by Sylvia Plath
Metaphors Women and Femininity Quotes
How we cite our quotes: line
A melon strolling on two tendrils. (3)
Put together the large curves of the melon and the slender curves of the tendrils, and you've got a pregnant woman. It's not the most flattering comparison, but for Plath's purposes, it's just right.
O red fruit, ivory, fine timbers! (4)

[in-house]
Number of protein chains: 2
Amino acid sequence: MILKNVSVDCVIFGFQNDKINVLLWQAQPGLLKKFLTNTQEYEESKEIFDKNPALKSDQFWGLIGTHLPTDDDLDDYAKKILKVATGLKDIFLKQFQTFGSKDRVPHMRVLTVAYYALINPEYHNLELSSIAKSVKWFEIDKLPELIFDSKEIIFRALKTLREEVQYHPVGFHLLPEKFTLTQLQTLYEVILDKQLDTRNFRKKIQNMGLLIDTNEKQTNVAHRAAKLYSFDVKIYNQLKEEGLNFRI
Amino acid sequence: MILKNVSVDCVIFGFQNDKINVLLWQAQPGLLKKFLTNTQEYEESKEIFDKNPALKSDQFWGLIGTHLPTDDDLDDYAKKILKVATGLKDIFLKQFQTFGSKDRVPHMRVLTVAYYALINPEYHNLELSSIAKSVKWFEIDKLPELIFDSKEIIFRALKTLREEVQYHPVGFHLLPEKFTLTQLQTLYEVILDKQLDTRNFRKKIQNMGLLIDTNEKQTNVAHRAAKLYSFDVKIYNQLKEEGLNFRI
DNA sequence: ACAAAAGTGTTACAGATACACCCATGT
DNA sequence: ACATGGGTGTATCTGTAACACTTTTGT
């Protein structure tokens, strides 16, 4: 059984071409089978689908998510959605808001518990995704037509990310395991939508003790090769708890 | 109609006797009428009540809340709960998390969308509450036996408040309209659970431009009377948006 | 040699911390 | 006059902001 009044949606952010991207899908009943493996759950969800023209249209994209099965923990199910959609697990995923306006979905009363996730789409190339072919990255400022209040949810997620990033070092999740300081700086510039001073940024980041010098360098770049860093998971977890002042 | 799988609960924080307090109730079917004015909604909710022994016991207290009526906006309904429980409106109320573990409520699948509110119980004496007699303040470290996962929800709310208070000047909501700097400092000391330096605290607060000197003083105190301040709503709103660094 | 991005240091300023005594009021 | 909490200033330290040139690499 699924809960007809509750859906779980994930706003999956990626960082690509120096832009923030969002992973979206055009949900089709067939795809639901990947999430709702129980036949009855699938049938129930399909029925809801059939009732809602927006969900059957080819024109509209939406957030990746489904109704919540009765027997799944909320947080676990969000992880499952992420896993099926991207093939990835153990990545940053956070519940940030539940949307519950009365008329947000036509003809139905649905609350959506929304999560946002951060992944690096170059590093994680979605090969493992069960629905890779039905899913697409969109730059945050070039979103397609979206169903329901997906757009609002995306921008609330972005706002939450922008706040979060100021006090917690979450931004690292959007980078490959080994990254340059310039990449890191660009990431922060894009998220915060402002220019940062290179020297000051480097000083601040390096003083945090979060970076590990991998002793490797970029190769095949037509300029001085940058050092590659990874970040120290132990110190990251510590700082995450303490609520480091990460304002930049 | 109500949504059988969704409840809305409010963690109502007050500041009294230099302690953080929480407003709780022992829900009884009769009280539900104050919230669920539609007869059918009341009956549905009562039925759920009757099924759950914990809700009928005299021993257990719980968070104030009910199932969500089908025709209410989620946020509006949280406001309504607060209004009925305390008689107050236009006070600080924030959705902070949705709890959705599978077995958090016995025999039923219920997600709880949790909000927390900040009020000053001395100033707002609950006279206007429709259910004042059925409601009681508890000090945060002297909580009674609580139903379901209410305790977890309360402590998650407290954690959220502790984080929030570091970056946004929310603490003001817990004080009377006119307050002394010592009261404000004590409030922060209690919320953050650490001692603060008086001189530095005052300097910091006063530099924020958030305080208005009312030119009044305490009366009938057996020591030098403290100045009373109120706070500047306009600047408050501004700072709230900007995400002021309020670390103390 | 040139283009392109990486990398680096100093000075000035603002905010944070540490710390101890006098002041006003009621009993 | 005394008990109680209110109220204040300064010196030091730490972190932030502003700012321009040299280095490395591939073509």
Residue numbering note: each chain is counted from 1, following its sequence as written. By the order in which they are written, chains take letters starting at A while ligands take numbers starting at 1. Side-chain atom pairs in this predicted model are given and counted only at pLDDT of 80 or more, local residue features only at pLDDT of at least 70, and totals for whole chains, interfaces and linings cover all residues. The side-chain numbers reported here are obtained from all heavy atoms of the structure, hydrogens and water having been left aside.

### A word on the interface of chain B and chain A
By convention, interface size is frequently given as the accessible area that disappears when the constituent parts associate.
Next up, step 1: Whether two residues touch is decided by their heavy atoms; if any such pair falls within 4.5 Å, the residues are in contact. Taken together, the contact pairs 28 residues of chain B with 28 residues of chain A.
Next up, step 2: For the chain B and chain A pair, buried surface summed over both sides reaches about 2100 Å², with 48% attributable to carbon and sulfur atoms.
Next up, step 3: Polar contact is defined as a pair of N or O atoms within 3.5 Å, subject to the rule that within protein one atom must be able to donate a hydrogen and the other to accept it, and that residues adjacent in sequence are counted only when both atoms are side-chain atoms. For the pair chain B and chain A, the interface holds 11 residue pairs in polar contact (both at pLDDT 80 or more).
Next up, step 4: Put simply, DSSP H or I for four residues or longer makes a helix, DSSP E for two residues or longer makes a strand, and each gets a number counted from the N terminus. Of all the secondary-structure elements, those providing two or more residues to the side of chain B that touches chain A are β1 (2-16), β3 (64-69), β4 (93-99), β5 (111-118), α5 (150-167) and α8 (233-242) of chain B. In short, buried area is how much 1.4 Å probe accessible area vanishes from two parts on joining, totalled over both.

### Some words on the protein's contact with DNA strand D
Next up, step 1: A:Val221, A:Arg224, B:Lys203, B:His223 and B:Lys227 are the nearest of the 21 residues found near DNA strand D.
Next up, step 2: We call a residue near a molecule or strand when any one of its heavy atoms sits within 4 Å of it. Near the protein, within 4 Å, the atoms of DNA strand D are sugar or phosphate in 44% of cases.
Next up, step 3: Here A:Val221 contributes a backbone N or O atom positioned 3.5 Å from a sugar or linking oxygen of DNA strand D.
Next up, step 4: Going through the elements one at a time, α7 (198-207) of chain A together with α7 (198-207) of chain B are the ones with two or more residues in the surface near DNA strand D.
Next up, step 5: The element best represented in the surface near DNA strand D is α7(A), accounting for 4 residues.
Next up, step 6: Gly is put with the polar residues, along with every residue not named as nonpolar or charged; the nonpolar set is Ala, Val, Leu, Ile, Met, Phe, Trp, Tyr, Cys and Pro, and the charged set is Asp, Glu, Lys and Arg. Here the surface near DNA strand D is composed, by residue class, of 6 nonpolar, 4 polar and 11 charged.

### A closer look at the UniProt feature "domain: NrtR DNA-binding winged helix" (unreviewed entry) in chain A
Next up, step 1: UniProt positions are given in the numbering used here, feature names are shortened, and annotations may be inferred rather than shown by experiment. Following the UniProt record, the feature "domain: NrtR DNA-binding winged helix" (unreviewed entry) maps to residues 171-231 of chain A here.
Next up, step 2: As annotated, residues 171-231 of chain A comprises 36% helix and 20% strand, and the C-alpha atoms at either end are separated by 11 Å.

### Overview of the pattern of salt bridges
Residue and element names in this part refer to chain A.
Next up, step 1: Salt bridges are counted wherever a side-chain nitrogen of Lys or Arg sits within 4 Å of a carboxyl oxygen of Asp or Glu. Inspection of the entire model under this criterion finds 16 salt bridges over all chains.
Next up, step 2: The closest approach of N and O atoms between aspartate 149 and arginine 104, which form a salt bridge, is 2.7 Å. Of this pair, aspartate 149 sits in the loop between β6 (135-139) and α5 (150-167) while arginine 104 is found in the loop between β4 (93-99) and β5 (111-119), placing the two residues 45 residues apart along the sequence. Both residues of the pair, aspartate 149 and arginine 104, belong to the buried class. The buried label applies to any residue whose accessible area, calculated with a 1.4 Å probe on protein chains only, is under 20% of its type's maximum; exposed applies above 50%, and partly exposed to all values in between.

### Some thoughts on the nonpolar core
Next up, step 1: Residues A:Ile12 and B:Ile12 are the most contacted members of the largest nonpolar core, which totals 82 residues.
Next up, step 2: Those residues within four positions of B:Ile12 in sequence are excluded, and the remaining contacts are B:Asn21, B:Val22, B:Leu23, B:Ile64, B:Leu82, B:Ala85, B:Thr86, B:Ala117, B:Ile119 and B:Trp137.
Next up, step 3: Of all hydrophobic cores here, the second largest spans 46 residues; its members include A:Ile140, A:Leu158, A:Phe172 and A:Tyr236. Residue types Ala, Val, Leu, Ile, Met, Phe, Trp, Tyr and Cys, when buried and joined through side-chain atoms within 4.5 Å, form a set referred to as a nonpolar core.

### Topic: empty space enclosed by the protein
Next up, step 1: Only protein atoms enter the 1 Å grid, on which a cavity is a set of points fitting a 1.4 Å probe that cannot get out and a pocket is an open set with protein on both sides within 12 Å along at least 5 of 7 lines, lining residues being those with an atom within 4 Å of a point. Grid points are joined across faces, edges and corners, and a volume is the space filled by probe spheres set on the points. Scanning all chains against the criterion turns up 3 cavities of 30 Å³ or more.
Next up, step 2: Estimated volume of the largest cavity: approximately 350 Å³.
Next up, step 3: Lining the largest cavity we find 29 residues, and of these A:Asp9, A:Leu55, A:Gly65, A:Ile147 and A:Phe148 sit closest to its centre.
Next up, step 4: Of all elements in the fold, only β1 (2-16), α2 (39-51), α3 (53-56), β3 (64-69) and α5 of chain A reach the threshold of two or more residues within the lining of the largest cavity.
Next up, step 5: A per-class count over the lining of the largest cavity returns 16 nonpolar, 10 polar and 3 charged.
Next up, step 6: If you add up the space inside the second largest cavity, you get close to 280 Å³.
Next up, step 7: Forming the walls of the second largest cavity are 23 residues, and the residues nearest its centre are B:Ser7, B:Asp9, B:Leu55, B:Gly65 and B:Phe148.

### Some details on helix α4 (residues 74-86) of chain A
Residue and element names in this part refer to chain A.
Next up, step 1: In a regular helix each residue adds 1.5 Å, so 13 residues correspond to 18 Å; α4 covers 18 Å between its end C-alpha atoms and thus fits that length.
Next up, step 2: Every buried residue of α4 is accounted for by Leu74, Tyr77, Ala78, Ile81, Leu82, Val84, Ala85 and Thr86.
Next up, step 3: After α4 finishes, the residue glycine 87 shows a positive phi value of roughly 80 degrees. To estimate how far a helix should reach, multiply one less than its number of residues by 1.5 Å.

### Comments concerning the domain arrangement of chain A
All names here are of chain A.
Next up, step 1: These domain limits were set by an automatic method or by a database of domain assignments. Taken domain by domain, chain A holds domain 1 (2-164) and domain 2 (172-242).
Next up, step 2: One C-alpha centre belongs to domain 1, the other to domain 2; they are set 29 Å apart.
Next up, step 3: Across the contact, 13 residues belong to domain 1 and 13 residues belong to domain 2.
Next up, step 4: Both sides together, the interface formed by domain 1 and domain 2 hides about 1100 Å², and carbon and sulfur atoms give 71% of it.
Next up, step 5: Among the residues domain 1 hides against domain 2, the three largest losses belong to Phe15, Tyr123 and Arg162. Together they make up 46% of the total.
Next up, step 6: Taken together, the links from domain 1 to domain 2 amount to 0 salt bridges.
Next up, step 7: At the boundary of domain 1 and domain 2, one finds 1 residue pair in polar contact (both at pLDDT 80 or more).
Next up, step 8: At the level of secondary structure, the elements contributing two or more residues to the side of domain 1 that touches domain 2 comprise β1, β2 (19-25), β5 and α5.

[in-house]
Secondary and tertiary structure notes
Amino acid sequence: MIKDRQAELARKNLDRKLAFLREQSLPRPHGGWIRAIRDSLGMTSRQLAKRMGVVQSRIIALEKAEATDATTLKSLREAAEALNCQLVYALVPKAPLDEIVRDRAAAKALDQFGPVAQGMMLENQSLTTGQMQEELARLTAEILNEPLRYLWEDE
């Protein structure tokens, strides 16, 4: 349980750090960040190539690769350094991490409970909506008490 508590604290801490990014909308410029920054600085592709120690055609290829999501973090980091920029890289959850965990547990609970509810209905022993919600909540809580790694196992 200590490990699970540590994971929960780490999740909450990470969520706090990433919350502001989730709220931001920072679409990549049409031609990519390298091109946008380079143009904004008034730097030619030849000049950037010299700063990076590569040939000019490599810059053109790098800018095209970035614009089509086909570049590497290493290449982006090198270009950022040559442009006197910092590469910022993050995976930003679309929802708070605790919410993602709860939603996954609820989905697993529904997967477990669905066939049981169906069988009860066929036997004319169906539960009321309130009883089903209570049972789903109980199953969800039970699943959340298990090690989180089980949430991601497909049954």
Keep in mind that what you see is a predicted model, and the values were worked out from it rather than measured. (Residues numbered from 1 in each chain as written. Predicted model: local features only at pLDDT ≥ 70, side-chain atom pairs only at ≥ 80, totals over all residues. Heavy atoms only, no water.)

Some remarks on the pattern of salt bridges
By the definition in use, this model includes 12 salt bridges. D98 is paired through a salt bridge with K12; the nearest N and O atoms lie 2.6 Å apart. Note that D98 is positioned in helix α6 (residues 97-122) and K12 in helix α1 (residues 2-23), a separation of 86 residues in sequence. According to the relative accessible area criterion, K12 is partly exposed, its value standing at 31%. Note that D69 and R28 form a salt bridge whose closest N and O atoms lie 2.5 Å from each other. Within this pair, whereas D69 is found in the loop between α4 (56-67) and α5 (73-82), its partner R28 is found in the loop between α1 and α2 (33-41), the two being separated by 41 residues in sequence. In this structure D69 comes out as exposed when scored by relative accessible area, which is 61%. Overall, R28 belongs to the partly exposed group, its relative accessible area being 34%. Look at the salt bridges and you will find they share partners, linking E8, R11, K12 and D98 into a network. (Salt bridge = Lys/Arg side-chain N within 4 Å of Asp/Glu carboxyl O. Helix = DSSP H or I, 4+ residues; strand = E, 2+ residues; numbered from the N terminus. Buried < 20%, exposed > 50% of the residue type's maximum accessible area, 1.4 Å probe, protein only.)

In a poem full of metaphors about pregnancy, this line is more than little disturbing. All of these things are highly valued: elephants are poached; forests are illegally logged for fine timbers; and red fruit is something we'd like to snatch off a tree and eat. This is how, our speaker seems to say, some men think about women. Thinking about a pregnant woman as something to be desired and valued like any object is not very warm and motherly—we think it's kind of creepy.